Christian Brand, Craig Morton and Jillian Anable
The Paris climate change agreement and ‘dieselgate’ emissions scandal in the US have prompted policy makers, regulators and industry to re-evaluate strategies to meet climate change mitigation and air quality goals. While a wide range of supply and demand policies have been proposed at both national and subnational/local levels, implementation and even the supporting research evidence have been lagging ambition in many parts of the world. It is well known that societal transport energy consumption and related emissions are influenced by technical efficiency, the carbon/pollutant content of energy and by ‘lifestyles’ and socio-cultural factors. However, only a few attempts have been made to operationalise these insights into models of future transport energy demand or even scenario analysis. In particular, insights into human behaviour, lifestyle change and the important role of individual attitudes and perceptions are often overlooked by policy makers.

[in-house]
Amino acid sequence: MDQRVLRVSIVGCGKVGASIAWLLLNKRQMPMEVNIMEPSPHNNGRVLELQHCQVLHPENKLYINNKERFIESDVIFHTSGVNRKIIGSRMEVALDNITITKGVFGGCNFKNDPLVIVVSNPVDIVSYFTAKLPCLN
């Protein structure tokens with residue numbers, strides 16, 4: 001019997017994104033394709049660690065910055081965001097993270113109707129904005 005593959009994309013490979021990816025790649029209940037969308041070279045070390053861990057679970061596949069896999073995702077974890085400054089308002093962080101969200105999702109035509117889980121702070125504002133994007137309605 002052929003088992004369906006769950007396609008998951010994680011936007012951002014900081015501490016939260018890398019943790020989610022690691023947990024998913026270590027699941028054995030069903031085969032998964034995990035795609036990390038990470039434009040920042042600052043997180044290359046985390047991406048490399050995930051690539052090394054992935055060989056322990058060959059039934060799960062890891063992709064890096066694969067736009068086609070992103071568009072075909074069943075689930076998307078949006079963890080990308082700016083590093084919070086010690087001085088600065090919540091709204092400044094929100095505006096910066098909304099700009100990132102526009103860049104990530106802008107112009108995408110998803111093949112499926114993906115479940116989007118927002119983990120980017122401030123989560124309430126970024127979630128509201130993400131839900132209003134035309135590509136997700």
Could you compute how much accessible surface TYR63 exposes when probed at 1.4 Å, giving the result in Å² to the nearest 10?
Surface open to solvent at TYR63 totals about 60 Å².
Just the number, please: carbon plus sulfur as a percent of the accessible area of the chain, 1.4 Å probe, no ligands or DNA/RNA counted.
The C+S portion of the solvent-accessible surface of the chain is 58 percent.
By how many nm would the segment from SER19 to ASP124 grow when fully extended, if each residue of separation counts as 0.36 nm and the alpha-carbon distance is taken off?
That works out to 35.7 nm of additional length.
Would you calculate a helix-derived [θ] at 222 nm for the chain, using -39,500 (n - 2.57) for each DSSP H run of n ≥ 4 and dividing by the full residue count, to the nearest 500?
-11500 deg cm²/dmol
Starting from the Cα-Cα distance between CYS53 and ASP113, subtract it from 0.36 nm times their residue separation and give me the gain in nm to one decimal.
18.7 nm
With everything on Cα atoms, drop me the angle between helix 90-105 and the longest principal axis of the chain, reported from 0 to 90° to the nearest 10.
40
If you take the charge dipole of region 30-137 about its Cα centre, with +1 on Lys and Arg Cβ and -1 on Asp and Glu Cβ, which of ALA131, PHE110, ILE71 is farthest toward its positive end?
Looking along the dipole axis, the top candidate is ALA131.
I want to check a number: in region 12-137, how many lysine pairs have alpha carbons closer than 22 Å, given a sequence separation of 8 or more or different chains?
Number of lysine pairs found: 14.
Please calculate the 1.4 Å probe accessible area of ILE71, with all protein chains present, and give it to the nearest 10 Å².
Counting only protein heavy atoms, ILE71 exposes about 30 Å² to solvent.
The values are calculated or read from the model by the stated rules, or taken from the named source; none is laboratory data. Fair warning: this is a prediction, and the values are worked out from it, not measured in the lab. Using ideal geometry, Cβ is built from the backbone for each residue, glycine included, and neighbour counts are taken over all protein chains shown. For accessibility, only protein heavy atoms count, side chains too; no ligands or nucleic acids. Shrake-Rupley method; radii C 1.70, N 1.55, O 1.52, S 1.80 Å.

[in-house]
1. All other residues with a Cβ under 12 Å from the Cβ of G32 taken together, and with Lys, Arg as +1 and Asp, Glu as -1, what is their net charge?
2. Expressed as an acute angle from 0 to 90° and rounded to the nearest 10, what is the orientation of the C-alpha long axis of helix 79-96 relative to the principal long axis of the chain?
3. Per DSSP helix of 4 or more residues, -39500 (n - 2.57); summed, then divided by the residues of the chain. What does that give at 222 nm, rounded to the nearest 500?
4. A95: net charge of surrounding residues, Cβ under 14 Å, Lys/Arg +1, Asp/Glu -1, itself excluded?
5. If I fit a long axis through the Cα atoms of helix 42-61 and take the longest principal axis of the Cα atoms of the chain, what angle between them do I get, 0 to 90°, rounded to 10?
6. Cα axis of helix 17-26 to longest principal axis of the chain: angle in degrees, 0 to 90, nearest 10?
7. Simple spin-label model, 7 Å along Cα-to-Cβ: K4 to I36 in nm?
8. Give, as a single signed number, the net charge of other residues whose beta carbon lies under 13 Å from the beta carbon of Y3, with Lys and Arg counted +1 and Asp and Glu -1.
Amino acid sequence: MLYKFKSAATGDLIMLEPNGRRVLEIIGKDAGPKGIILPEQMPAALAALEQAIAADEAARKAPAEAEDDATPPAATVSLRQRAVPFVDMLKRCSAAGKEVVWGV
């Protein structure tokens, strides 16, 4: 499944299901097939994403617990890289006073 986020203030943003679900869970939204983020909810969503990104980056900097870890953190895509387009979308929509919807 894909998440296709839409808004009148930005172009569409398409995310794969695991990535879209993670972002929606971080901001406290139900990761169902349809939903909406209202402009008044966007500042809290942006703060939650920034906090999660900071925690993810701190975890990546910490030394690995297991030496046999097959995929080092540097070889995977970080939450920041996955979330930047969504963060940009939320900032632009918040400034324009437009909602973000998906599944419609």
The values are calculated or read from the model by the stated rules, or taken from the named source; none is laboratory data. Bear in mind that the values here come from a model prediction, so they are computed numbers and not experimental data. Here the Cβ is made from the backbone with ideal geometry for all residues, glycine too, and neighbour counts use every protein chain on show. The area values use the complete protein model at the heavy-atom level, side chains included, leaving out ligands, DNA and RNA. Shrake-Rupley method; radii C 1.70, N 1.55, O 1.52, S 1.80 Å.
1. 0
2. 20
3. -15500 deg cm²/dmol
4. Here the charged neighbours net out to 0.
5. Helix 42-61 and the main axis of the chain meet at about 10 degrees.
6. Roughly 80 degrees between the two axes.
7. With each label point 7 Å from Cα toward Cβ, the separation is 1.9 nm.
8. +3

This paper addresses this gap in research and practice by presenting a quantitative scenario exercise using an integrated transport-energy-environment systems model to explore four contrasting futures for Scotland that compare ‘lifestyle’ change and socio-cultural factors against a low carbon technology focussed transition pathway using a socio-technical approach. We found that radical demand and supply strategies can have important synergies (and potential trade-offs) between reducing life cycle greenhouse gas and air quality emissions. Lifestyle change alone (without an EV transition) has a similar effect on transport carbon and air quality emissions than a transition to EVs with no lifestyle change. Yet both have limits to meeting future targets, which may only be achieved with a combined strategy of radical change in travel patterns, mode choice, vehicle occupancy and on-road driving behaviour with high electrification and phasing out of conventional petrol and diesel road vehicles.
Brand, C., Morton, C. and Anable, J. 2022. Lifestyle, efficiency and limits: modelling transport energy and emissions using a socio-technical approachOpens in a new tab. In: Proceedings of eceee Summer Study on energy efficiency 2022.
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